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Thursday, July 15, 2010

FINRA Warns Investors of Social Media-Linked Ponzi Schemes, High-Yield Investment Programs

The Financial Industry Regulatory Authority (FINRA) is warning investors about Internet-based Ponzi schemes called high-yield investment programs (HYIPs), which purport to offer returns of 20, 30, 100 percent or more per day.

HYIPs are unregistered investments sold by unlicensed individuals using sophisticated-looking websites.

The con artists behind HYIPs are experts at using social media — including YouTube, Twitter and Facebook — to lure investors and create the illusion of social consensus that these investments are legitimate, but investors should know that HYIPs are just Internet-based scams.

"HYIPs are old-fashioned Ponzi schemes dressed up for a Web 2.0 world. Some of these schemes encourage people to bring in new victims, while others entice investors to 'ride the Ponzi' by attempting to get in and get out before the scheme collapses," said FINRA Senior Vice President John Gannon.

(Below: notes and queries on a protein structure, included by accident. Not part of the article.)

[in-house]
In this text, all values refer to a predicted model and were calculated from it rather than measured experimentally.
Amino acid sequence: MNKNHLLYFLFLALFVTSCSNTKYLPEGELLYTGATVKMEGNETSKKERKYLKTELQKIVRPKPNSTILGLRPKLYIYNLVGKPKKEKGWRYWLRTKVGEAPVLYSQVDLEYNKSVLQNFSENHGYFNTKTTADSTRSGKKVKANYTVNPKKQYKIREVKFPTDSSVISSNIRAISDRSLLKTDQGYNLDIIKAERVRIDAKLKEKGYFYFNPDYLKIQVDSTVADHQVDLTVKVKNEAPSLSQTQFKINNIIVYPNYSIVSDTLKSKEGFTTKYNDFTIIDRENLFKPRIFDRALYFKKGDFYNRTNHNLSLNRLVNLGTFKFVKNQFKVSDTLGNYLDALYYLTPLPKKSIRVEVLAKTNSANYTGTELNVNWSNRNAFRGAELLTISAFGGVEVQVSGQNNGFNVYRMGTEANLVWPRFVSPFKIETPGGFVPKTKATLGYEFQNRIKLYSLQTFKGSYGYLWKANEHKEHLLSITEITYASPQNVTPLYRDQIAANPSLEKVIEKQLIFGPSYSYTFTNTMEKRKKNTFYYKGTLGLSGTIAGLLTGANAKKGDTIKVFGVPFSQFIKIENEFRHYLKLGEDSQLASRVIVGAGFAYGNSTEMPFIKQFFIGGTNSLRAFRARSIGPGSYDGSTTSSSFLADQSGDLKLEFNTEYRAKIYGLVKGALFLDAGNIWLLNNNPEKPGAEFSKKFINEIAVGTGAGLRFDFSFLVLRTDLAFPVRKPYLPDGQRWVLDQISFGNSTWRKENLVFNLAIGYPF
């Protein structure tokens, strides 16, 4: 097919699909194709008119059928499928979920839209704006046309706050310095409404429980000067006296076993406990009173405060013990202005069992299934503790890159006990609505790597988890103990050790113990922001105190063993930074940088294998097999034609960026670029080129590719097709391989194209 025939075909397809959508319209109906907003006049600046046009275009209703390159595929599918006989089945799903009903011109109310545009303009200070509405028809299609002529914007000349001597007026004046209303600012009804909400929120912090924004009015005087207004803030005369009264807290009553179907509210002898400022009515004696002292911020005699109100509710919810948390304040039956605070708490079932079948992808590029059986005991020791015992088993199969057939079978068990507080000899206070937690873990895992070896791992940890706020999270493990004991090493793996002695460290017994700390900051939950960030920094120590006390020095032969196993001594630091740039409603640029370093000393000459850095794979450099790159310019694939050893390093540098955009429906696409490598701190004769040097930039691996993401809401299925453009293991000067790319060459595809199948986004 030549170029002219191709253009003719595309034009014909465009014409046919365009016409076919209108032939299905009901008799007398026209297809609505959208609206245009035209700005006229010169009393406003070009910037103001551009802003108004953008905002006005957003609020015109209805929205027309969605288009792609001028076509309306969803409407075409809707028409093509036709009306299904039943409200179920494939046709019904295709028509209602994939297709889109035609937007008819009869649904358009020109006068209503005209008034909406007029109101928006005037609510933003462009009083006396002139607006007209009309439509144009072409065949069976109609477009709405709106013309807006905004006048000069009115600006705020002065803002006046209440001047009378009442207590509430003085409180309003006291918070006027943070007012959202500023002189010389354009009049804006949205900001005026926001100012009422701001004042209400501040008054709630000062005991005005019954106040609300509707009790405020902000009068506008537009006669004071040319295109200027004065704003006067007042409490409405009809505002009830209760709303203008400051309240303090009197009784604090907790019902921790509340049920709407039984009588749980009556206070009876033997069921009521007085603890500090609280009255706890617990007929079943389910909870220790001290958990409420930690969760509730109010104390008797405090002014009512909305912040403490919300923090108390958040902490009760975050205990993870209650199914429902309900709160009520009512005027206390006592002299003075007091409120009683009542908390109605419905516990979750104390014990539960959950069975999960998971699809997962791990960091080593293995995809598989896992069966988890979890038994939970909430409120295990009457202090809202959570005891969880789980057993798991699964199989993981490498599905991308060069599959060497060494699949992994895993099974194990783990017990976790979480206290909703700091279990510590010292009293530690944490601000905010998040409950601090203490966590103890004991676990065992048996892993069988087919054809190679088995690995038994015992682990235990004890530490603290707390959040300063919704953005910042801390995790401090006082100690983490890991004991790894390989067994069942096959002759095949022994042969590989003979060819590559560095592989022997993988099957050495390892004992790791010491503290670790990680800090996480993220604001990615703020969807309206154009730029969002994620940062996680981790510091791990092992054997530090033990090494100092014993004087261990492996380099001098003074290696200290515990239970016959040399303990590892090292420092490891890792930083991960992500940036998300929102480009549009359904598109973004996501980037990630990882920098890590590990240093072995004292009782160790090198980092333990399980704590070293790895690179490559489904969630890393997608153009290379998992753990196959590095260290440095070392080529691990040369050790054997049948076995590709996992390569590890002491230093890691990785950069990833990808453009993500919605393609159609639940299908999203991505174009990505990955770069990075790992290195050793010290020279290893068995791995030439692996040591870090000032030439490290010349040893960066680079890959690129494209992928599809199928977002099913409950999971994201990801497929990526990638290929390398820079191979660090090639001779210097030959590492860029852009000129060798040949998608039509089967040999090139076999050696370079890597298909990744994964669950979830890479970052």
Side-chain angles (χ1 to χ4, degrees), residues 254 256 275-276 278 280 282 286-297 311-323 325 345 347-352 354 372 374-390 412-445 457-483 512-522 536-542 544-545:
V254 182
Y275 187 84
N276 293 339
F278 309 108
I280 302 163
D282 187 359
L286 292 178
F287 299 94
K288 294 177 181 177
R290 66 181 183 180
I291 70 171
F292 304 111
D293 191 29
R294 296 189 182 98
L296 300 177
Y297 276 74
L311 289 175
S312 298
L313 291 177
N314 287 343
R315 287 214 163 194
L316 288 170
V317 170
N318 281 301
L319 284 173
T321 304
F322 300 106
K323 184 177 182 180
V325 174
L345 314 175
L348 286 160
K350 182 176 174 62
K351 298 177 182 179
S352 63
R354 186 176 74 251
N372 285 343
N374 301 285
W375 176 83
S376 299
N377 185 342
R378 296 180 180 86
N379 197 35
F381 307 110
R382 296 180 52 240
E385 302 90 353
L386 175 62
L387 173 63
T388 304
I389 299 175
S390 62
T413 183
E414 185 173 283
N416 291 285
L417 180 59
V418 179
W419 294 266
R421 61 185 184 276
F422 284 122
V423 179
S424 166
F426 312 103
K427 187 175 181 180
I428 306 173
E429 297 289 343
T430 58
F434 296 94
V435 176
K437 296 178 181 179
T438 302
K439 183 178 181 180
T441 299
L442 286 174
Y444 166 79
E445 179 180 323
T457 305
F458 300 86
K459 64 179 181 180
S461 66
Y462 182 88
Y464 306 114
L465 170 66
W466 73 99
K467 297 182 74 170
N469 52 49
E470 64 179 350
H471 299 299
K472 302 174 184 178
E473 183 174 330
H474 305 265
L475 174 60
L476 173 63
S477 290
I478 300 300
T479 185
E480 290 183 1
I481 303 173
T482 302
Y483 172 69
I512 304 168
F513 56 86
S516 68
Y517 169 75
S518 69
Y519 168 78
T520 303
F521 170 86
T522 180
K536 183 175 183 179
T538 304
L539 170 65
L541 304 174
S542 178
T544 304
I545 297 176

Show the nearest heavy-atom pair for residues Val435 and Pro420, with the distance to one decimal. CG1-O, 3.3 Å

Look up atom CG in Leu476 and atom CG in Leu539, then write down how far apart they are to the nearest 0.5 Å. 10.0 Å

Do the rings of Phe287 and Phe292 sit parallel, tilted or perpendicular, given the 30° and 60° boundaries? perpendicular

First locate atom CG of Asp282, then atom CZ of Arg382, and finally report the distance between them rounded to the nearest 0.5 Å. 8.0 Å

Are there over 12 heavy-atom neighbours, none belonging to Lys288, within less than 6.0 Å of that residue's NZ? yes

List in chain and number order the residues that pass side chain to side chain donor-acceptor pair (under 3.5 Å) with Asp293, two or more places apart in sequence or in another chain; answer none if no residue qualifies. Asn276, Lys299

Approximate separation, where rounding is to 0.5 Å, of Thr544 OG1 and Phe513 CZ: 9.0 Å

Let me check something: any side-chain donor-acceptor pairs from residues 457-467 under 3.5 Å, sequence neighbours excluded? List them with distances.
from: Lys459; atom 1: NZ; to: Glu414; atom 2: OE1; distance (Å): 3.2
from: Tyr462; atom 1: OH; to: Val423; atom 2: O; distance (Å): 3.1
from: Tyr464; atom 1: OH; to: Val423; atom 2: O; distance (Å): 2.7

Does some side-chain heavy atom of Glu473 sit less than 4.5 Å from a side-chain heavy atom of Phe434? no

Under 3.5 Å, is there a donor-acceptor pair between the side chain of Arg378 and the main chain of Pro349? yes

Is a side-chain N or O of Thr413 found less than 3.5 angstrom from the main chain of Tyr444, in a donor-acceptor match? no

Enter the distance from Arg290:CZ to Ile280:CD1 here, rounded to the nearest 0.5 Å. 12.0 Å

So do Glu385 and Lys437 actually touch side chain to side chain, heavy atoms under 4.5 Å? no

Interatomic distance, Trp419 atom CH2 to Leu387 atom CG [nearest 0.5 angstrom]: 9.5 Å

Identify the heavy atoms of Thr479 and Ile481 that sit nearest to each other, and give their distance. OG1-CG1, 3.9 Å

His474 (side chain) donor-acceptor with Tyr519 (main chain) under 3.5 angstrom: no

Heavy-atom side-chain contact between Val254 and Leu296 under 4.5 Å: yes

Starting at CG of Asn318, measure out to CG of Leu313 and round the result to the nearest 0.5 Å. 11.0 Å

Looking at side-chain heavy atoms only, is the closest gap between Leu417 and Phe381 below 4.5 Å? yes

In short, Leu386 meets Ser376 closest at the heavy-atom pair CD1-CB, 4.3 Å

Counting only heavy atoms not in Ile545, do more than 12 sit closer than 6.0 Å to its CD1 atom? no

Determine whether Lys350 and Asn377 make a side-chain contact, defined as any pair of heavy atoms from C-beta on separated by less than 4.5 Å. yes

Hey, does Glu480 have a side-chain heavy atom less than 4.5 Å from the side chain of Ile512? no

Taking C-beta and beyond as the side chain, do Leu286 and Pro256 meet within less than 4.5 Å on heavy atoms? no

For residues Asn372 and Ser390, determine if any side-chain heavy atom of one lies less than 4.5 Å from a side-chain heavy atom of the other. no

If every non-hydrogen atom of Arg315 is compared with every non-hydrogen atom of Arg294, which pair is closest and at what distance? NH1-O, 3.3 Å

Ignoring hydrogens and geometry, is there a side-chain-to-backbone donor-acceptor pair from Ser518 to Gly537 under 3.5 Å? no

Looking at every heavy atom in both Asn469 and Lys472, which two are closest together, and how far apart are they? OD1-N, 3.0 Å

HYIPs display multiple signs of fraud, including the promise of extraordinarily high returns.

For example, the Genius Fund HYIP at one time promised 36 to 40 percent daily, with two-day yields of 106 percent.

 Many of the con artists behind HYIPs use existing investors to keep their Ponzi schemes growing by paying current investors "referral bonuses" of up to 25 percent for bringing in new recruits.

How Investors Can Protect Themselves
FINRA's publication HYIPs—Hazardous to Your Investment Portfolio outlines in detail the characteristics of HYIPs, the steps investors can take to protect themselves and where investors can turn for help if they think they have been scammed.

Full Alert from FINRA Regarding Internet-Based Ponzi Schemes